A distinct group of north European Aedes vexans as determined by mitochondrial and nuclear markers

Research paper by T. Lilja, K. Troell, H. Kirik, A. Lindström

Indexed on: 17 Jan '18Published on: 16 Jan '18Published in: Medical and Veterinary Entomology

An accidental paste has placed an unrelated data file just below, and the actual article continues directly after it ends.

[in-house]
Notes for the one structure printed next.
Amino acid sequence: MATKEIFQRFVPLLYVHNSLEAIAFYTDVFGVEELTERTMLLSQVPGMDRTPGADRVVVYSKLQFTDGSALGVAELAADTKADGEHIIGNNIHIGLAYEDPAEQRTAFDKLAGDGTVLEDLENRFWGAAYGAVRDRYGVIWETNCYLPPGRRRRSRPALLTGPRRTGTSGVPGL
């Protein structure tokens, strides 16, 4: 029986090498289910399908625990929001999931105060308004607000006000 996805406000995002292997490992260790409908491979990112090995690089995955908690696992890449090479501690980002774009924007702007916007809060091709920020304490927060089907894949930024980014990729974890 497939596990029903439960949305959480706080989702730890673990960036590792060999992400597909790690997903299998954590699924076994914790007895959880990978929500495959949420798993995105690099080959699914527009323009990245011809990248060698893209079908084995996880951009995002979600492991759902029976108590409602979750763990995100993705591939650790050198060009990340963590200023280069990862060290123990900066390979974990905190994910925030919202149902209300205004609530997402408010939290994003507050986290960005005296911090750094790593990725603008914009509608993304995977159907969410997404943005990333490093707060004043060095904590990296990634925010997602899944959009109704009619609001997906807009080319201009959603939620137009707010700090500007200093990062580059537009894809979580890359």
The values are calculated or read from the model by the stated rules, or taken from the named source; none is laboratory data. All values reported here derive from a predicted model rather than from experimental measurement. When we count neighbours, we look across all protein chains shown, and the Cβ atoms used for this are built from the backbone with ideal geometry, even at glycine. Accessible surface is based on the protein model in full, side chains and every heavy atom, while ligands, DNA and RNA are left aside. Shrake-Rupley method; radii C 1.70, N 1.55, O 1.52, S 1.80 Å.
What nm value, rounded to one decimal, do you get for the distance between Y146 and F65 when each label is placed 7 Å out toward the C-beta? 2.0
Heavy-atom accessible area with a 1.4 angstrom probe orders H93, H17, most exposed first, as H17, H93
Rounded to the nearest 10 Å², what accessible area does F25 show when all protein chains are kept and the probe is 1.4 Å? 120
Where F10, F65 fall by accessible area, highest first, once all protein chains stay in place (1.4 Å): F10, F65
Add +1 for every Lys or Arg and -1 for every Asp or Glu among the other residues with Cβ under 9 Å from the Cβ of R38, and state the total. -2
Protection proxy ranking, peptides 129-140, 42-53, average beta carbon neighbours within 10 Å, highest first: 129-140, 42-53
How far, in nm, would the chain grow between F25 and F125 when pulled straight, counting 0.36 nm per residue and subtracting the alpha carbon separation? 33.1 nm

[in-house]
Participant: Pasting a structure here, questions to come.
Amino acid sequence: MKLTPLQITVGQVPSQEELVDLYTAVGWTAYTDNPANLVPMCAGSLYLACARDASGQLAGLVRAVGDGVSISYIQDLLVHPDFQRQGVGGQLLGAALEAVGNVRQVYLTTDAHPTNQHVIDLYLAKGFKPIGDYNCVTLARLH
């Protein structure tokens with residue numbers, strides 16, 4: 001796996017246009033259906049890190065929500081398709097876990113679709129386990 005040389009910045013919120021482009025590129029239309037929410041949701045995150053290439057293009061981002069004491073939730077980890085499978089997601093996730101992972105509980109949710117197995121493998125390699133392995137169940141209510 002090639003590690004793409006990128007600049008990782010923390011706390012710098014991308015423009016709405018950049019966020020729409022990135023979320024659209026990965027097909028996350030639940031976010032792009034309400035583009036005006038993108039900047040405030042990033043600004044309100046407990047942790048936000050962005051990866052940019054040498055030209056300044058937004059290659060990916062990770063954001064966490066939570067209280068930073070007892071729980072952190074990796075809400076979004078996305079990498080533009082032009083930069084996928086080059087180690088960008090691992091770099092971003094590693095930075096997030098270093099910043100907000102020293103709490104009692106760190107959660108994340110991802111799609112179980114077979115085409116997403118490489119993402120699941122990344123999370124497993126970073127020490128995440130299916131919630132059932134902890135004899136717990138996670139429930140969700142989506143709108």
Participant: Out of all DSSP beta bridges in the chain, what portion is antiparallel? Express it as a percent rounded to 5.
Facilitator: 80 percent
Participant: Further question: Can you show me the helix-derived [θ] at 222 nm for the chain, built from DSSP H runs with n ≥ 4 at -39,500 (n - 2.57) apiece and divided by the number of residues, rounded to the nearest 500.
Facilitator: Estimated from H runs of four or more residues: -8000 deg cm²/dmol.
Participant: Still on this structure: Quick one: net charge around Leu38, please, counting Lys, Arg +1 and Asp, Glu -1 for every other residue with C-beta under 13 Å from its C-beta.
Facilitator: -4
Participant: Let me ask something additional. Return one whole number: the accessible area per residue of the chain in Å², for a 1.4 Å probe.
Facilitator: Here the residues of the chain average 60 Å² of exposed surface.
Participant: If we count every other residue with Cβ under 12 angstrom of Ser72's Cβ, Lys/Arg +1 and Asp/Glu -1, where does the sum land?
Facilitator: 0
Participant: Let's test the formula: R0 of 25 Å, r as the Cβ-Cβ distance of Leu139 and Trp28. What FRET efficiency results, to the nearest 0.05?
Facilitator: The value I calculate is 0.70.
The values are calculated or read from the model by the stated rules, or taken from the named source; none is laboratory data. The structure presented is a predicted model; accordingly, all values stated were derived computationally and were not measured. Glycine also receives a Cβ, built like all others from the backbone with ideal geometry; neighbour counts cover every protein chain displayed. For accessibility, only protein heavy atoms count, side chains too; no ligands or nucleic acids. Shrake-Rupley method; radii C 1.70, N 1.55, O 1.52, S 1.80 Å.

The floodwater mosquito Aedes (Aedimorphus) vexans (Meigen, 1830) (Diptera: Culicidae) is common in several areas of Sweden and is predicted to become more abundant in the wake of expected changes in precipitation and temperature caused by climate change. As well as being a nuisance, Ae. vexans can act as a vector of over 30 viruses. In the event of an outbreak of disease caused by a vector-borne virus, knowledge of the distribution, population structure and intermixing of populations from different locations will help direct resources to target locations to prevent spread of the pathogen. The present study analysed individual Ae. vexans from eight locations throughout Sweden. Based on the mitochondrial cytochrome oxidase I (COI) marker, a subset of the analysed mosquitoes cluster apart from the other samples. Similarly, two nuclear loci were sequenced and the same phylogenetic structure observed. These results indicate that this group represents a reproductively isolated population among Ae. vexans. Comparisons with COI sequences held in the Barcode of Life Database (BoLD) for Ae. vexans from around the world show that specimens collected in Belgium and Estonia group together with the Swedish group, suggesting that this genotype is present throughout northern Europe. These results suggest there is a cryptic taxonomic unit related to Ae. vexans in northern Europe.